Sunday November 30th. 2014                                                                                      Charity registration No. SC 002876

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St. Margaret's,                        St. Joseph's,                        St. Finnan's

The Church starts its new Liturgical Year this Sunday.

These next four weeks give us an opportunity to step aside a little from the mad rush up to Christmas and help us reflect on the true meaning of the feast of our Saviour's birth.

Despite the present recession, we still are very much aware that the commercial world continues to hi-jack the feast and uses it as a unique opportunity for more business to keep the tills ringing!

The adverts on television,  in the daily papers and magazines

promise us a really Christmas if we buy their products - most of them very expensive, and probably little used after the festive season is over!

Some comments in recent newspapers suggest that children get more enjoyment out of the cardboard boxes that contained the toys than the toys themselves!


CHRISTMAS IS NOT ABOUT BUYING, BUT ABOUT LOVE

There is an old Christmas rhyme, which is so true if we only stop and think about it








The poem seems a bit harsh, for surely Christmas is a time for rejoicing at our Saviour's birth? The danger for us Christians is that we too can get caught up in all the excitement and forget the true message of Christmas that God became man for us!

What should we change during these four weeks of Advent, as the poem suggests, that will assure that we give our Lord a better and more loving welcome into our souls at Midnight Mass and Christmas morning?

Advent wreath

The candles in the Advent wreath are not just a display to look cosy and nice in the church. They have a specific meaning  to help us make Advent a true preparation for Christmas.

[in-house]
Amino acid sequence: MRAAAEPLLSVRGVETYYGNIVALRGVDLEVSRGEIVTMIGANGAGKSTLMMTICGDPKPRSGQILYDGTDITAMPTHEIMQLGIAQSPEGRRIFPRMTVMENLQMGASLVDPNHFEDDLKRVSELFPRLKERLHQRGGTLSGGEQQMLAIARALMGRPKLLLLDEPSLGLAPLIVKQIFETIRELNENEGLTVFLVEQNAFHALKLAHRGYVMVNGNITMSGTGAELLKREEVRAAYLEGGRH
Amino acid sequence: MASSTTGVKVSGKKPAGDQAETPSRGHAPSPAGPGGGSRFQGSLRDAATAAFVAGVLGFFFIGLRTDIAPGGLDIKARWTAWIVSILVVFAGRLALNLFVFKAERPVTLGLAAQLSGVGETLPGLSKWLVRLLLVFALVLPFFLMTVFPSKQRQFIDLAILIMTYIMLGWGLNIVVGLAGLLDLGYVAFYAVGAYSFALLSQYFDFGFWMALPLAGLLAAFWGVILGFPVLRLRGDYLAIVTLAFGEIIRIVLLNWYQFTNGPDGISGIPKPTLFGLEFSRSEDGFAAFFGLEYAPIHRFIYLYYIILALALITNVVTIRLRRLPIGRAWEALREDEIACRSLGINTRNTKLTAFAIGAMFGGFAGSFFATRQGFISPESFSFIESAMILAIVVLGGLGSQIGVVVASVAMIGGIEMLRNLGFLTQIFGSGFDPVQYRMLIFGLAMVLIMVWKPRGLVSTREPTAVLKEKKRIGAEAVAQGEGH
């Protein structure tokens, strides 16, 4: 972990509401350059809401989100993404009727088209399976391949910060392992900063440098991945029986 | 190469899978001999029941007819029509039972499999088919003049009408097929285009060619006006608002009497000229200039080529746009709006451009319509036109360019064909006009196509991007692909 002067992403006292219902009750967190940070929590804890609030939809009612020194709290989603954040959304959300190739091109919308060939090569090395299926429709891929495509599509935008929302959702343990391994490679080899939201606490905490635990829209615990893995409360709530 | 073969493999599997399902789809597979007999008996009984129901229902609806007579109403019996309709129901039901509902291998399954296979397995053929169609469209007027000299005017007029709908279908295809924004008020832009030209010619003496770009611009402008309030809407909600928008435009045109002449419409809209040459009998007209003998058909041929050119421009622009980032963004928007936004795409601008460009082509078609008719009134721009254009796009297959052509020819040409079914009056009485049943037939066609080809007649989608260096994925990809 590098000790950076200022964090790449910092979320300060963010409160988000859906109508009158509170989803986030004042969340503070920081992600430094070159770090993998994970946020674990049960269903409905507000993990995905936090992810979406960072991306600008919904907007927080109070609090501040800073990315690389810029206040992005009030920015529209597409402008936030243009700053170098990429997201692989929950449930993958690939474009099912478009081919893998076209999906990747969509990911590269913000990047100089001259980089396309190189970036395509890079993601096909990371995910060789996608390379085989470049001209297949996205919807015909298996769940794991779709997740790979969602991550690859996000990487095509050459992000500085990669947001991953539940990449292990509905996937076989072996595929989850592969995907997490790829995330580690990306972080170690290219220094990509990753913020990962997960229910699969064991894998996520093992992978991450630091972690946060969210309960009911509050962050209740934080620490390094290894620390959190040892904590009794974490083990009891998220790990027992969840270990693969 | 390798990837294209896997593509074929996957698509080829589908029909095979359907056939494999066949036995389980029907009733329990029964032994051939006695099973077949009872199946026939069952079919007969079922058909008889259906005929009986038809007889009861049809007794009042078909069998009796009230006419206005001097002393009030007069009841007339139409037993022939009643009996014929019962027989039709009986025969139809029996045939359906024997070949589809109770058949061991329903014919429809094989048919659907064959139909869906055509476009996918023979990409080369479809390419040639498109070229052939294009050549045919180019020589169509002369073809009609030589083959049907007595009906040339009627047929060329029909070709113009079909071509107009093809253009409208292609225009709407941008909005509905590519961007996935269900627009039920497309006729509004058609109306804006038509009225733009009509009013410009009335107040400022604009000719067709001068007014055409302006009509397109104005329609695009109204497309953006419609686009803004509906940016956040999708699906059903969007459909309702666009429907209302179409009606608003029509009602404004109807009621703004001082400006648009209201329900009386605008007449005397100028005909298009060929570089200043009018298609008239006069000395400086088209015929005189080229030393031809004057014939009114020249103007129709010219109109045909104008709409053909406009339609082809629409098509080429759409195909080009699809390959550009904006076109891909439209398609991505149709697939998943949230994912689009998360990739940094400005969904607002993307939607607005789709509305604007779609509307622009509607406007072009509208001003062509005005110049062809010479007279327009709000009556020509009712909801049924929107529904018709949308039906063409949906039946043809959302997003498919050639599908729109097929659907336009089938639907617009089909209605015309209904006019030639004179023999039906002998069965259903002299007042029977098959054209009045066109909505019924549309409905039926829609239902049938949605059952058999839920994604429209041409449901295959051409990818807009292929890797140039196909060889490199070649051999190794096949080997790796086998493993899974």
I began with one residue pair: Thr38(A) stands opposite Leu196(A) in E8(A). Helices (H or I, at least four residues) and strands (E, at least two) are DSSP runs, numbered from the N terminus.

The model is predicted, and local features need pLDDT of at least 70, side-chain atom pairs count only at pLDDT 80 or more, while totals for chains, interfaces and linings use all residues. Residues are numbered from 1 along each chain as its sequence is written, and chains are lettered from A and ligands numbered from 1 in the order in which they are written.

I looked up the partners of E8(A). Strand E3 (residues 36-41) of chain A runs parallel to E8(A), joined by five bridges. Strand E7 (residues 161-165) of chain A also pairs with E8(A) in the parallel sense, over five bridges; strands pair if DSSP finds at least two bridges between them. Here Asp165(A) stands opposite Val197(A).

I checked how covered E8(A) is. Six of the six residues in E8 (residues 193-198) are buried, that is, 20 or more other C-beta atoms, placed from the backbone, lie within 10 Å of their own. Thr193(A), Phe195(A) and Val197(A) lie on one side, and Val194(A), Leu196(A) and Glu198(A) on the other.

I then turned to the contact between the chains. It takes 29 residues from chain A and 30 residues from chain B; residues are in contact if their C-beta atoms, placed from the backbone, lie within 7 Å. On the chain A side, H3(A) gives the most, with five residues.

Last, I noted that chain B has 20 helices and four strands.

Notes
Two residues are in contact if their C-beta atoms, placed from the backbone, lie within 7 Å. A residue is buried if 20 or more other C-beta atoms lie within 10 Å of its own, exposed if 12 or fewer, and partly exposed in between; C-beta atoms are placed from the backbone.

The three purple candles are a reminder that we should try to do some little acts of penance or self-discipline and be less attached to material things—and to set aside some extra time for our prayer.


The pink candle is lit on the third Sunday of Advent. The Church tells us, “have a rest from your all efforts, and make it a day to rejoice in anticipation of Christ’s coming.”


The white candle is lit after the consecration at midnight Mass and Christmas Day completing the symbol of the Advent wreath. Christ, the Light of the World, has been born for us


The whole of life is really an Advent, a preparation, a looking forward to that eternal union with Christ and the saints in heaven. May we go forth with joy at the end of our pilgrim journey here on earth into the presence of God, and rejoice with Our Lady and all the angels and saints


Try to make this one of your best Advents ever—and you will meet Christ on Christmas morning with a smile on your face and the warmth of his love in your heart..


May the prayer of the Israelites, who so longed for the coming of Messiah down the centuries, which is the prayer of the Church during these Advent days, be our personal prayer also

,                
 COME, LORD JESUS,  COME


The people who walked in darkness have seen a great light;  upon those who dwelt in the land of gloom a light has shone


If I could do, what e'er I wish to do,

To make complete your perfect Christmas Day,

I would not give one single thing to you,

But I would come and take some things away


Visiting Confessor, Sunday before Christmas, December 21st

Our visiting confessor for this coming Christmas will be Fr. Roddy MacAulay, Caol. Times will be announced later.